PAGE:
Khmer Krom Groups Threaten to Hold Protest

Khmer Krom advocacy groups threatened Thursday to take to the streets to protest the Viet­namese Embassy, which has declined to meet with them to discuss a plan to carry Khmer-language Buddhist religious materials into southern Vietnam.

The protests would be a last resort if the embassy continues to ignore requests for a meeting, said Kim Vanchheng, executive director of the Khmer Kam­puchea Krom Coordination Com­mittee.

Vietnamese Ambassador Nguyen Duy Hung has said he has spoken to the group, and does not have time to give special attention to its concerns.

Representatives of the groups say they plan first to hold a news conference to present their complaint to the media and other embassies; then, if no compromise is forthcoming, they say they will protest. The plan was outlined Thursday in a news release.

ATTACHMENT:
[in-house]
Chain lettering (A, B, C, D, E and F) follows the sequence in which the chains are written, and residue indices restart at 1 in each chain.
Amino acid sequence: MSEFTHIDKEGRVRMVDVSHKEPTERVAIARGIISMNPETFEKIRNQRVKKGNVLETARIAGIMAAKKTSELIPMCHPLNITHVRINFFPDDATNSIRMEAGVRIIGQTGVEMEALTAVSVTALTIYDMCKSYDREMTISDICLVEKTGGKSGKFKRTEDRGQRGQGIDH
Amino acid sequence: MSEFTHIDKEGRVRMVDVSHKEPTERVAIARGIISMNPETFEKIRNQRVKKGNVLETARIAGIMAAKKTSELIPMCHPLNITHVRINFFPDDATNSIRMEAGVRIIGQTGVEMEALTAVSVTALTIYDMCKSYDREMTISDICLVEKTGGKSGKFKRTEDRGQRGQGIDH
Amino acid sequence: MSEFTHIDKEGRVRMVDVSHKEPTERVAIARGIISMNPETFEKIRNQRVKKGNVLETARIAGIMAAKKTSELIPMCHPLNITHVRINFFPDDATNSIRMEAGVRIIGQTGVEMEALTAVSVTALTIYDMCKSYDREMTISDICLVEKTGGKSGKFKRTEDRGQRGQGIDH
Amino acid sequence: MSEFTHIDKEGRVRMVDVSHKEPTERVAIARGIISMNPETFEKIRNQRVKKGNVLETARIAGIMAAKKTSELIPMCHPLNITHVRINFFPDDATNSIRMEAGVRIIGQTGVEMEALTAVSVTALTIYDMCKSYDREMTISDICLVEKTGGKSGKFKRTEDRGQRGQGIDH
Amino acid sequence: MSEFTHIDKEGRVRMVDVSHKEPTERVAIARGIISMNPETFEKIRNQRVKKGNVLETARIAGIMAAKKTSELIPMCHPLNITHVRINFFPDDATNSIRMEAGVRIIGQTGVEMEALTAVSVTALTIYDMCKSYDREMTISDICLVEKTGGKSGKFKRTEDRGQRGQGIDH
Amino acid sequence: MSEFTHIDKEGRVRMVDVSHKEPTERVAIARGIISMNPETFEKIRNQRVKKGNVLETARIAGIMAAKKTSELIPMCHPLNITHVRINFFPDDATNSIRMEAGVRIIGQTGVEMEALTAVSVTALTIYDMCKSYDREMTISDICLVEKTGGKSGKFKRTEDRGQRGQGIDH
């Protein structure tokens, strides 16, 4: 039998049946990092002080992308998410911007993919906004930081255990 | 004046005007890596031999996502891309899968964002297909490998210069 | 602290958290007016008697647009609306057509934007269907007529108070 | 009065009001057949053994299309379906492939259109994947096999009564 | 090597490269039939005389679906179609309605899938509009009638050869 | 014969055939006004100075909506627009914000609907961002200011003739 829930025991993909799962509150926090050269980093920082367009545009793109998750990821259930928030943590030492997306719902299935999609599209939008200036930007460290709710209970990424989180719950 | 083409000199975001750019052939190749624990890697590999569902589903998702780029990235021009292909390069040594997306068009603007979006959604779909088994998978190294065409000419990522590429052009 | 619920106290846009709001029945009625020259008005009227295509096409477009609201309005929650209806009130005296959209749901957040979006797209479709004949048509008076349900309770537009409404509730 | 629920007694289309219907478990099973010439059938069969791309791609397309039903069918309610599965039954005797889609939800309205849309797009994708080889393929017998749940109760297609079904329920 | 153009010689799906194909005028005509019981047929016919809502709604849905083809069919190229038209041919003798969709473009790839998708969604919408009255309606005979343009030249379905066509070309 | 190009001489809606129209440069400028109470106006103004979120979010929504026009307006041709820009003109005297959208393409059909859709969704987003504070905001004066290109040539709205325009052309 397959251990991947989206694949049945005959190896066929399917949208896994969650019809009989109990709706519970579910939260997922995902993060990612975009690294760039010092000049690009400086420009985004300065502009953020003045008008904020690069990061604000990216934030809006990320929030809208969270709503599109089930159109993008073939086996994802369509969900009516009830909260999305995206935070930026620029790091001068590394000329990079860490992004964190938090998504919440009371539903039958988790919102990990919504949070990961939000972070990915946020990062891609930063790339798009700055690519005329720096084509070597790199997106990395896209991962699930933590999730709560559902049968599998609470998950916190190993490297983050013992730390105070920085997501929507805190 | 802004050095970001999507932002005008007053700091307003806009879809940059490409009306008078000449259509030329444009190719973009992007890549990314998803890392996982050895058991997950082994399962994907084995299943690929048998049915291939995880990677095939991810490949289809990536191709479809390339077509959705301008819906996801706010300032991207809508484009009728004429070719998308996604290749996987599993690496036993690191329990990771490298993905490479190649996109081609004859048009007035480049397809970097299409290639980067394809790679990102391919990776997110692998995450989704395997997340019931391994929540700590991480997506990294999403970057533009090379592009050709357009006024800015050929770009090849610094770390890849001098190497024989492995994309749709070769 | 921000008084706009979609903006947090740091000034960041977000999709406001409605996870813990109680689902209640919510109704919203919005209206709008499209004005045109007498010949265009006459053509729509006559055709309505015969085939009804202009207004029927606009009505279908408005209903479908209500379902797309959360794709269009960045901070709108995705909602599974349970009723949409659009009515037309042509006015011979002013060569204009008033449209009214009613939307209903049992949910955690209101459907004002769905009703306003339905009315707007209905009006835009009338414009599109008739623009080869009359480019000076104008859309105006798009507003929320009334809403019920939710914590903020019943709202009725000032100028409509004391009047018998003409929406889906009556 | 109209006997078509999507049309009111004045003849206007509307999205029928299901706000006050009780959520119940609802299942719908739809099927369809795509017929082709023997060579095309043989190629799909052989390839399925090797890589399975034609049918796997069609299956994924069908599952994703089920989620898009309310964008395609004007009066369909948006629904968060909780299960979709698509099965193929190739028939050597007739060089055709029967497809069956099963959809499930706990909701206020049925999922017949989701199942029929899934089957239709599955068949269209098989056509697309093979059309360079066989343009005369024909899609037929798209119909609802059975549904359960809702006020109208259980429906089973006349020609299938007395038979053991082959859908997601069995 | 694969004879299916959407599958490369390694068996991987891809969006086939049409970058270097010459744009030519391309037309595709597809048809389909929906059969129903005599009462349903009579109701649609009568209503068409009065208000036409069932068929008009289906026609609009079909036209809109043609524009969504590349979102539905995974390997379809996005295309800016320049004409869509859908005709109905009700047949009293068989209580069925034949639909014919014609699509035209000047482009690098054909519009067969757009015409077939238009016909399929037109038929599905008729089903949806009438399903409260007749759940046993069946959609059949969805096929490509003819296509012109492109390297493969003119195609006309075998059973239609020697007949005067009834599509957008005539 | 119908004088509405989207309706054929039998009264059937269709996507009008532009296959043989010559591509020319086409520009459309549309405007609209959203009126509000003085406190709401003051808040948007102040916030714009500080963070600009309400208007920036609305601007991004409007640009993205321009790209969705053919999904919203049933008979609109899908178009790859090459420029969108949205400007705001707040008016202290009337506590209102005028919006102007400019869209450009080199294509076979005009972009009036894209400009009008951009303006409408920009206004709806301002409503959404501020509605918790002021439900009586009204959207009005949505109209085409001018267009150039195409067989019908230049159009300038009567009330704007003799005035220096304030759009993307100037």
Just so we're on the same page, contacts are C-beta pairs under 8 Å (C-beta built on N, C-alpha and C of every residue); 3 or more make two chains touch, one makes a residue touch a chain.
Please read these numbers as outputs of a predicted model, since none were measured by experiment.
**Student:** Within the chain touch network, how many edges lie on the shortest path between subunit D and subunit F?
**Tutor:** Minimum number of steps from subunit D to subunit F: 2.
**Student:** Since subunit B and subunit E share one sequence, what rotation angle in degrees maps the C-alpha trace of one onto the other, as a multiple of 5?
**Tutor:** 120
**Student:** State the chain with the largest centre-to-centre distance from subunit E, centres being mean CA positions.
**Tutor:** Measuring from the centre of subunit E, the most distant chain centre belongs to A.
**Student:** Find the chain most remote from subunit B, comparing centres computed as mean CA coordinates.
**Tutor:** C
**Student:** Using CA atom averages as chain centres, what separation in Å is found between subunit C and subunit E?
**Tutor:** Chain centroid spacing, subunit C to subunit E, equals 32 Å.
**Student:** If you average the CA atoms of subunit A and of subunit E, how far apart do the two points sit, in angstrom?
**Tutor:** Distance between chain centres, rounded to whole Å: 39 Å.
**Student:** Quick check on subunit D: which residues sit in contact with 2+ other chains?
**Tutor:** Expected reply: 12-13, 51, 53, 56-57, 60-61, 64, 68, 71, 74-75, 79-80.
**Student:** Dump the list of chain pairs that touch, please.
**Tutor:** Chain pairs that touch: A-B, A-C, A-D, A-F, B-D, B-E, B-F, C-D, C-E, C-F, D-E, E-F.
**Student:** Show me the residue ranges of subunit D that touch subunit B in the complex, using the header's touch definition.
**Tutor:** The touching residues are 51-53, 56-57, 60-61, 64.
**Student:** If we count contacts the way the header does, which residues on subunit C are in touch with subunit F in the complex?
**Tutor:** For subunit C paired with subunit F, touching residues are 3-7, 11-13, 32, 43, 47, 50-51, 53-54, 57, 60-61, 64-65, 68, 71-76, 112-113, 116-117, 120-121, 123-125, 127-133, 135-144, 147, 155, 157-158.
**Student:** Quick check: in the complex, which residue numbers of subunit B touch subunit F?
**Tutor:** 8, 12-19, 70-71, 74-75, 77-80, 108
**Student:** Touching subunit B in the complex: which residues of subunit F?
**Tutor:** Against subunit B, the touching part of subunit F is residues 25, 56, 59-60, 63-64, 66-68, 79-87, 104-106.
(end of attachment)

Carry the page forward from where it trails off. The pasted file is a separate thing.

Kim Vanchheng said he has not asked authorities about permits for a demonstration. Munici­pal officials said Thursday they have not heard of the proposed march and declined comment.

“I’m concerned about the violence that could happen any time” that police try to prevent demonstrators from exercising their rights, said Thun Saray, director of the human rights group Adhoc.

Some of the Khmer Krom groups involved have been vocal in their opposition to Prime Min­ister Hun Sen’s CPP government and their support for opposition leader Sam Rainsy.

“It’s hard to say,” said Thun Saray. The government may try to crack down severely, “and that is when violence happens.”

“We always think about that,” said San Sann, director of one Khmer Krom group. “But…we need to do…. I always think that the government in Phnom Penh, they understand…what we are do­ing here, that is not to make a problem for the government.”


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